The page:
4
$\begingroup$

Suppose that an irrational $x$ in $(0,1)$ has convergents $c(k,x)$, and let

$$d(x) = \sum_{k=0}^{\infty} \mid x - c(k,x)\mid.$$

What is the mean value of $d$?

$\endgroup$
  • $\begingroup$ The function $d(x)$ is continuous at any irrational $x$. So it is sufficient to know $d(x)$ for rational $x$. $\endgroup$ – Alexey Ustinov Jan 5 '16 at 6:04
  • $\begingroup$ Are there any reasons to study this constant? $\endgroup$ – Alexey Ustinov Jan 5 '16 at 11:41
  • $\begingroup$ Think of $d(x)$ as the deviance of x from its continued fraction, maximized by the golden ratio, with maximal value approximately $1.195955786017513596003474800021$. (One can also define upper and lower deviances, which are also maximized by the golden ratio.) I raised the question about the "mean deviance" because of the possibility that it doesn't exist; viz., is $d$ Lebesgue integrable? $\endgroup$ – Clark Kimberling Jan 12 '16 at 20:30
4
$\begingroup$

If $\frac{p_{2k}}{ q_{2k}}$ and $\frac{p_{2k+1}}{ q_{2k+1}}$ ($k\ge 0$) are consecutive convergents of the continued fraction expansion of $x$ then $$\left|x-\frac{p_{2k}}{ q_{2k}}\right|+\left|x-\frac{p_{2k+1}}{ q_{2k+1}}\right|=\frac{p_{2k+1}}{ q_{2k+1}}-\frac{p_{2k}}{ q_{2k}}=\frac{1}{q_{2k}q_{2k+1} }.$$

For example if $x=\frac{\sqrt{5}-1}{2 }$ then $$d(x)=\frac{1}{ F_1F_2}+\frac{1}{ F_3F_4}+\frac{1}{ F_5F_6}+\ldots=\frac{1}{ 1\times 1}+\frac{1}{2\times 3}+\frac{1}{5\times 8}+\ldots$$

Each interval $\left(\frac{a}{ b},\frac{c}{ d}\right)\subset(0,1)$ s.t. $ad-bc=-1$ may occur as $\left(\frac{p_{2k}}{ q_{2k}},\frac{p_{2k+1}}{ q_{2k+1}}\right)$. It means that $$D=\int_{0}^{1}d(x)dx=\sum_{{ad-bc=-1,b\le d\atop 0\le\frac{a}{ b}<\frac{c}{ d}\le 1}}\lambda\left(\frac{a}{ b},\frac{c}{ d}\right)\frac{1}{bd },$$ where $\lambda\left(\frac{a}{ b},\frac{c}{ d}\right)$ is a measure of the set $$\left\{x:\frac{a}{ b},\frac{c}{ d}\text{ are consecutive convergents of the continued fraction expansion of } x\right\}.$$ It is known that two fractions $\frac{P}{ Q}$ and $\frac{P'}{ Q'}$ are consecutive convergents of the continued fraction expansion of $x$ (and, moreover, the convergent $P/Q$ precedes the convergent $P'/Q'$ iff (see Lemma 1 here) $$0<\frac{Q'x-P'}{-Qx+P }<1.$$ For $P/Q<P'/Q'$ (and $Q\le Q'$) this condition defines the interval $\left(\frac{P+P'}{Q+Q' },\frac{P'}{Q' }\right)$ of the length $\frac{1}{ Q'(Q+Q')}$, so $\lambda\left(\frac{a}{ b},\frac{c}{ d}\right)=\frac{1}{ d(b+d)}$ and $$D=\sum_{{ad-bc=-1,b\le d\atop 0\le\frac{a}{ b}<\frac{c}{ d}\le 1}}\frac{1}{b(b+d)d^2}.$$ For each pair of denominatos $(b,d)$ s.t. $1\le b\le d$ and $(b,d)=1$ numerators $a$ and $c$ are uniquely defined (see for example section 3 here). Hence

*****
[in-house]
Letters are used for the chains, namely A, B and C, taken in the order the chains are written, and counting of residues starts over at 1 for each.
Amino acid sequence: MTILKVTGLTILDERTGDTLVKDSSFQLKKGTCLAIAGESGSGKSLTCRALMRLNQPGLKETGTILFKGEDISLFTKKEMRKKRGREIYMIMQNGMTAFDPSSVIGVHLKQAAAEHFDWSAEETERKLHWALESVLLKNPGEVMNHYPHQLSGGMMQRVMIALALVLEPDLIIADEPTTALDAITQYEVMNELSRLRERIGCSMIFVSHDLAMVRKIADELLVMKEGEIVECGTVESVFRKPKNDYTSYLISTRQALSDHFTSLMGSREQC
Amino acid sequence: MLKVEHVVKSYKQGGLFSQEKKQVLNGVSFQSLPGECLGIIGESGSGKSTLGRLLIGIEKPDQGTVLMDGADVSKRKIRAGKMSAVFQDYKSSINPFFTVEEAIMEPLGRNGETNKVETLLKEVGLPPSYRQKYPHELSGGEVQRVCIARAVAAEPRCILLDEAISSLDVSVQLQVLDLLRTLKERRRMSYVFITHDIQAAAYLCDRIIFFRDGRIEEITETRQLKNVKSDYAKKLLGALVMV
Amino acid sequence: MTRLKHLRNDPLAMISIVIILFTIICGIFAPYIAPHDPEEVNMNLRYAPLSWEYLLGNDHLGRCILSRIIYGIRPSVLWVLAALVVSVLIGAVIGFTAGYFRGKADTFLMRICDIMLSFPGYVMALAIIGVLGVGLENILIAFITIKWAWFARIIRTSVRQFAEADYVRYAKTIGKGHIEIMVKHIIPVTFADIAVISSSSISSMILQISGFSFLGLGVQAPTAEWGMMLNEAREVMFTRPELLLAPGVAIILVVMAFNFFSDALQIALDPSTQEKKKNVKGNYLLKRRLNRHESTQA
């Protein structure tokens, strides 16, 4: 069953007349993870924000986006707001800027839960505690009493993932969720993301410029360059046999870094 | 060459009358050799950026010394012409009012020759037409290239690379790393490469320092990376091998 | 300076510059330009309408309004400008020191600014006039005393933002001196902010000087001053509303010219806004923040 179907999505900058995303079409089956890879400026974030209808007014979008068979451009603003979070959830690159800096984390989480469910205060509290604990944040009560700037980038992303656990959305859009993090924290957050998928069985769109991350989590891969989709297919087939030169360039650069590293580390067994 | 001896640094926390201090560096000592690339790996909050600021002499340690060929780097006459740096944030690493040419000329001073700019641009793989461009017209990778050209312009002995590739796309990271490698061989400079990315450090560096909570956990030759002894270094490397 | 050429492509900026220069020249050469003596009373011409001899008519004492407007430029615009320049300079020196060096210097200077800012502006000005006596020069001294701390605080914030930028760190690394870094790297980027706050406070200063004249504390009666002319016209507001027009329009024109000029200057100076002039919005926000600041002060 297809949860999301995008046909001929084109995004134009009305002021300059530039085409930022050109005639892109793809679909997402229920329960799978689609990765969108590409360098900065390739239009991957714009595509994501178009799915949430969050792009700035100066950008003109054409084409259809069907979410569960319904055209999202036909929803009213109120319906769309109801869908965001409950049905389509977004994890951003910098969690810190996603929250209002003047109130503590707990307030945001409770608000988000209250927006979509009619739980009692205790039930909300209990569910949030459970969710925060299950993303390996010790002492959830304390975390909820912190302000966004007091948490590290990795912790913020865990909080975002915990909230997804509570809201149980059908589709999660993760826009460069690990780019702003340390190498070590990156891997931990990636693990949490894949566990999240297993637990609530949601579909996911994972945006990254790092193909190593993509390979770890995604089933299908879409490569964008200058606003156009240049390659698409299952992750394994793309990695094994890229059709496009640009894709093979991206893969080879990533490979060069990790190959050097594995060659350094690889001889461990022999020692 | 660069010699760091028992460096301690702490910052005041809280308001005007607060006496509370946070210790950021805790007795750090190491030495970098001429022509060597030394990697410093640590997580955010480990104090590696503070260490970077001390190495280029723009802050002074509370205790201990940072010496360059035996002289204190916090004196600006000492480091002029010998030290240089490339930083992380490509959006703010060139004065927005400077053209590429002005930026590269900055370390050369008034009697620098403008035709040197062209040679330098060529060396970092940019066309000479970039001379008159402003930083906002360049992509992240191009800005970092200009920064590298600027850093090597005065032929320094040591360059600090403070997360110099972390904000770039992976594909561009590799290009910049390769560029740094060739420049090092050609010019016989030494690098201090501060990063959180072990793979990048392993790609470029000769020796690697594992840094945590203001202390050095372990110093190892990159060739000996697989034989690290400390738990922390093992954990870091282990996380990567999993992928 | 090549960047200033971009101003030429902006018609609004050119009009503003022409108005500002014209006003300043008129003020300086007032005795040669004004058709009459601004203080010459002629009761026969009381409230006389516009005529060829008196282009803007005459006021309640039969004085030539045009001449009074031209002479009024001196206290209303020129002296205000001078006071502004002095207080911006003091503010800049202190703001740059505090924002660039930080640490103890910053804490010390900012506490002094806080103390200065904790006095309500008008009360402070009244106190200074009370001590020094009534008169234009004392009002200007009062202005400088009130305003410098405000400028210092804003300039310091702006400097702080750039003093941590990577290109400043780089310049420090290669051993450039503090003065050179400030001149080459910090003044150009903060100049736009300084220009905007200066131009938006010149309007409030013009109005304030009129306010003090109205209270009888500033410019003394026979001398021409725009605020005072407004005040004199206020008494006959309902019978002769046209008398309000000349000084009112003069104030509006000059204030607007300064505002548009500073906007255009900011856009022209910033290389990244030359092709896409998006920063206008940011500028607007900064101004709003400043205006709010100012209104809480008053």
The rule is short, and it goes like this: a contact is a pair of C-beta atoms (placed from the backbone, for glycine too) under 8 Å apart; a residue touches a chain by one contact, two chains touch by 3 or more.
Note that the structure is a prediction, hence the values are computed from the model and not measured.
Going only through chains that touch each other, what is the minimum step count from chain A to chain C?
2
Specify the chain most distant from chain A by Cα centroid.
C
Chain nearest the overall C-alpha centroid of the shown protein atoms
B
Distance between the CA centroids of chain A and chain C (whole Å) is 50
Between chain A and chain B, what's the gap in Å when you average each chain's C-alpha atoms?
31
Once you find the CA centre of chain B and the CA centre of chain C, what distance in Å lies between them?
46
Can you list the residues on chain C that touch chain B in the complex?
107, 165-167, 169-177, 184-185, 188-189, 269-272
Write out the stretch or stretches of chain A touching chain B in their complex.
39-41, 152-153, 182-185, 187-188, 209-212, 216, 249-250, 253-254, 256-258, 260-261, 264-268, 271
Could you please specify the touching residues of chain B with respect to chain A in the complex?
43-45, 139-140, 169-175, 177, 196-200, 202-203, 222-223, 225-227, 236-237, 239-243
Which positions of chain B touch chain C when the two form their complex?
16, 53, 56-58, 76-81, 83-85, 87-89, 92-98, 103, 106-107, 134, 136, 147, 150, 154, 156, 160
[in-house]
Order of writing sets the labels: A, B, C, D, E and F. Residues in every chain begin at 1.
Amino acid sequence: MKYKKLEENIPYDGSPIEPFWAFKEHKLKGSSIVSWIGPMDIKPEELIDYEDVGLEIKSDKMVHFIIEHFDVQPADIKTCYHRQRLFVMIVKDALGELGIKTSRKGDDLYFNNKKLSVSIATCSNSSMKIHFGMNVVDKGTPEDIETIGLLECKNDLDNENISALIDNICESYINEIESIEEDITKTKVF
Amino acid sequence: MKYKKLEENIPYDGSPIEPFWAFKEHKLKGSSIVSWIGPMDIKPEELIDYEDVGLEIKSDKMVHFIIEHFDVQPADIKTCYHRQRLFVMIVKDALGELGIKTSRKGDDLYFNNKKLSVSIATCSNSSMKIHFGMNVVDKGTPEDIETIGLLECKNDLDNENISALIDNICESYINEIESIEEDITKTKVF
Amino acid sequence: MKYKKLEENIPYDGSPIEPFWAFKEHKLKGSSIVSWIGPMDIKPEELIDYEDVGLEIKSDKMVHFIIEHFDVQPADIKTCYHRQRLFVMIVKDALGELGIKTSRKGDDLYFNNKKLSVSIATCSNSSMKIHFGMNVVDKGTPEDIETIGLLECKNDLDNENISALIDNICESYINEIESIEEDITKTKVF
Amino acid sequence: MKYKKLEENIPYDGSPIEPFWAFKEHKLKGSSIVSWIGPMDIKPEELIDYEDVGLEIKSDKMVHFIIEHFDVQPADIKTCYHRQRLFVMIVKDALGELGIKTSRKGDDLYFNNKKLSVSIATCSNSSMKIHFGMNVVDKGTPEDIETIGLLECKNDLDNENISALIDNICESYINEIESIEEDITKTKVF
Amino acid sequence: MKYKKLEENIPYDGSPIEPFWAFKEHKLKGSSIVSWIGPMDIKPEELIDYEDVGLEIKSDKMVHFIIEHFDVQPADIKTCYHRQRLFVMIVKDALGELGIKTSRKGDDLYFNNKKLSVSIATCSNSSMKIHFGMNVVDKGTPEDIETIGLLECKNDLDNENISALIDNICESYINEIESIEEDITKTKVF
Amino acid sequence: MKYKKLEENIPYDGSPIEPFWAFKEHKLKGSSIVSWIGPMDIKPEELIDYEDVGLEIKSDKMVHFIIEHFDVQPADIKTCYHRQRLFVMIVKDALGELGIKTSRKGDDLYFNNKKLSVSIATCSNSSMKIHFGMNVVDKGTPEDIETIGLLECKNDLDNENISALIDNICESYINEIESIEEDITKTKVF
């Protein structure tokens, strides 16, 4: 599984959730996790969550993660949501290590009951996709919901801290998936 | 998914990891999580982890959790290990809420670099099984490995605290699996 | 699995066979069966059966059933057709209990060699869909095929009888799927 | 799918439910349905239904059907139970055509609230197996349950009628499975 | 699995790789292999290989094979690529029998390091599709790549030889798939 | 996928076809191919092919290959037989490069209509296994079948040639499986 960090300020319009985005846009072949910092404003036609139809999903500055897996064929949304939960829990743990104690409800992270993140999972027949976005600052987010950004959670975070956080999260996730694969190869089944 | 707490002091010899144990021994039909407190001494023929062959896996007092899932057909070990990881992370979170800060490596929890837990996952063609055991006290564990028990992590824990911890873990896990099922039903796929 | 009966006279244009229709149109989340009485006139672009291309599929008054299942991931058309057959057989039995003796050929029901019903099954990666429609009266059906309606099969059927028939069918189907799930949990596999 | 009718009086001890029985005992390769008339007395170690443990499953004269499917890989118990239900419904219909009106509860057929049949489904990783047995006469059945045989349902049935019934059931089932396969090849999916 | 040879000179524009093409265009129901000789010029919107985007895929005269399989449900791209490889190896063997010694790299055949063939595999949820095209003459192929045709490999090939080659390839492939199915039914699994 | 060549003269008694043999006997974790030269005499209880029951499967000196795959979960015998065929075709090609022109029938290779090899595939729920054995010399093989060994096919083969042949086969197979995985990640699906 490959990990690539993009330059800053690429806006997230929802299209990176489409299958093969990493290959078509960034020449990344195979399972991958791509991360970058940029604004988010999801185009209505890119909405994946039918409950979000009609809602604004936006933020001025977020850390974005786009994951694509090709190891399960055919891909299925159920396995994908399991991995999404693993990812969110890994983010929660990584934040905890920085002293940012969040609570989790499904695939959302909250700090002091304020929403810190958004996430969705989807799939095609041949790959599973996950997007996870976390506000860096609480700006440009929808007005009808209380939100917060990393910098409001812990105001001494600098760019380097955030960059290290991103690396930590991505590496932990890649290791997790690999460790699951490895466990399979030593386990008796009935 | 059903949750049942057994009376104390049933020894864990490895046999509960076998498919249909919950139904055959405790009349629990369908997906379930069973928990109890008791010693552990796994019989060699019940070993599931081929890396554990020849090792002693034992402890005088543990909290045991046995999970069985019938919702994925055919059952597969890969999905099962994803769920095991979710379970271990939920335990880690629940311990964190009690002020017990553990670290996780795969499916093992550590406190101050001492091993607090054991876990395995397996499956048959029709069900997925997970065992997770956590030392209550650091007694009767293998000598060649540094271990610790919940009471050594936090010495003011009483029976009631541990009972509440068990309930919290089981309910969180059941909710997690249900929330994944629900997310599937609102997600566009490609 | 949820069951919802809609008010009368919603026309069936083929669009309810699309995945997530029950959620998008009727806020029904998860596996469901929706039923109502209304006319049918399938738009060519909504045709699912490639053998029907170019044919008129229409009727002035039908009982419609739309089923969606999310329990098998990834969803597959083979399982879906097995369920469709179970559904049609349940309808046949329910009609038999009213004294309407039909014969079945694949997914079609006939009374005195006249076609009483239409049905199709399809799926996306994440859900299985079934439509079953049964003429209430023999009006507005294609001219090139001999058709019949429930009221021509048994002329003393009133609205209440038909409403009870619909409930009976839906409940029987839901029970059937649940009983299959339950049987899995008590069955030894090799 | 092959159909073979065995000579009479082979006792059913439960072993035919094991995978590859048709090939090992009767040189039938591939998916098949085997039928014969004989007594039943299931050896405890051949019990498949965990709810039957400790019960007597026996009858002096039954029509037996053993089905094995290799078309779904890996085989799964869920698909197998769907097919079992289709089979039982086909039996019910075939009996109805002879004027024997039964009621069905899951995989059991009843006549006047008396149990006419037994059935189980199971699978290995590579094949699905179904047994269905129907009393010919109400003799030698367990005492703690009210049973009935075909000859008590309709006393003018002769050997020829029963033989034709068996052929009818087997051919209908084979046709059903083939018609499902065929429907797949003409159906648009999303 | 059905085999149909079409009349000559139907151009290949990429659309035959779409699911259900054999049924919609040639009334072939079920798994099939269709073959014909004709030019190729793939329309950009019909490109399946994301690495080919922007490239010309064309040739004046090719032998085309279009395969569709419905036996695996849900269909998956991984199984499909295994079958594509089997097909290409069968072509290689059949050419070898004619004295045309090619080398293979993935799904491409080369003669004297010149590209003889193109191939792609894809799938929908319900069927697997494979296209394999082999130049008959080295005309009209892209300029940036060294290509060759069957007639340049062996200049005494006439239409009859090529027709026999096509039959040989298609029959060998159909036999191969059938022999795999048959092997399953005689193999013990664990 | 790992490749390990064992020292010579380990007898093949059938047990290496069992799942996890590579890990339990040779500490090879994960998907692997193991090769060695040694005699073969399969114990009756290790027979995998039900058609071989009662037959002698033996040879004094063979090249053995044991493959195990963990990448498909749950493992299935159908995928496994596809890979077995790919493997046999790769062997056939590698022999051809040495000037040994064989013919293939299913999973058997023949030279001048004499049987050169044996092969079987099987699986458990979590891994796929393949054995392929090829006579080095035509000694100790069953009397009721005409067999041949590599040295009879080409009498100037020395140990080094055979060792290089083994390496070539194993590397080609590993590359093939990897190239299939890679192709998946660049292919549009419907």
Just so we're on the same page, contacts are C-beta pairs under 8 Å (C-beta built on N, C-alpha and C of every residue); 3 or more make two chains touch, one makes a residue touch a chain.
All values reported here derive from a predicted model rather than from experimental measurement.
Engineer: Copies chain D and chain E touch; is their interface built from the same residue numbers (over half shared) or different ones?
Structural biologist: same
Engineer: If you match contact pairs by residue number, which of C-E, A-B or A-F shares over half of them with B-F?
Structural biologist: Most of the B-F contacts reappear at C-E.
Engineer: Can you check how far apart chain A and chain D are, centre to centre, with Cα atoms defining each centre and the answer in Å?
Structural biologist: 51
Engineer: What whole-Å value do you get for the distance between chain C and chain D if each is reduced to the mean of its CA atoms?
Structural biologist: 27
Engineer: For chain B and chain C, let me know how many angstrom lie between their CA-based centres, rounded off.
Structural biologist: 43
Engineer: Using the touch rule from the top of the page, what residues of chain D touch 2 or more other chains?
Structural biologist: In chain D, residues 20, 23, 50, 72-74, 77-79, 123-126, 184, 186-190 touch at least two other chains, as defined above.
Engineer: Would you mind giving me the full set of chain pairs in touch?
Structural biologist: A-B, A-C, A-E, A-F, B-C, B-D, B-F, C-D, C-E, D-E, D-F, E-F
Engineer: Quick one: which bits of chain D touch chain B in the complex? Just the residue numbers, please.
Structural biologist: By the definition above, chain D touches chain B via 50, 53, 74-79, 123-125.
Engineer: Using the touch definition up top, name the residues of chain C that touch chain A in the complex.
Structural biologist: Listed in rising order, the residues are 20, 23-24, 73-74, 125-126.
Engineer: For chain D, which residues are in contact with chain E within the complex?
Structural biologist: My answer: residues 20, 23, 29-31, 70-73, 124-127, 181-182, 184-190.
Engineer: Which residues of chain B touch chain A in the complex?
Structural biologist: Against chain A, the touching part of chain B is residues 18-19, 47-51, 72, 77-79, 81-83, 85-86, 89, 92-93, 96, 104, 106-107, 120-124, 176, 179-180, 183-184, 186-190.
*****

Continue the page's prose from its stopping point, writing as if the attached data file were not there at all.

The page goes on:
$$D=\sum_{1\le b\le d,(b,d)=1}\frac{1}{b(b+d)d^2}=\frac{1}{ \zeta(4)}\sum_{1\le b\le d}\frac{1}{b(b+d)d^2}.$$

Calculation of this sum is another problem. It is better to ask people from MZV-community. I can only simplify it a little: $$\sum_{1\le b\le d}\frac{1}{b(b+d)d^2}=D_1-D_2,$$ where $$D_1=\sum_{1\le b\le d}\frac{1}{bd^3}=\frac{\pi^4}{ 72},$$ and $$D_2=\sum_{1\le b\le d}\frac{1}{(b+d)d^3}=\zeta(3)\log 2-\int_{0}^{1}\frac{\mathrm{Li}_3(t^2)}{1+t }dt=2\int_{0}^{1}\frac{\mathrm{Li}_2(t)}{t}\log(1+t)dt.$$

$\endgroup$

Your Answer

By clicking "Post Your Answer", you acknowledge that you have read our updated terms of service, privacy policy and cookie policy, and that your continued use of the website is subject to these policies.

Not the answer you're looking for? Browse other questions tagged or ask your own question.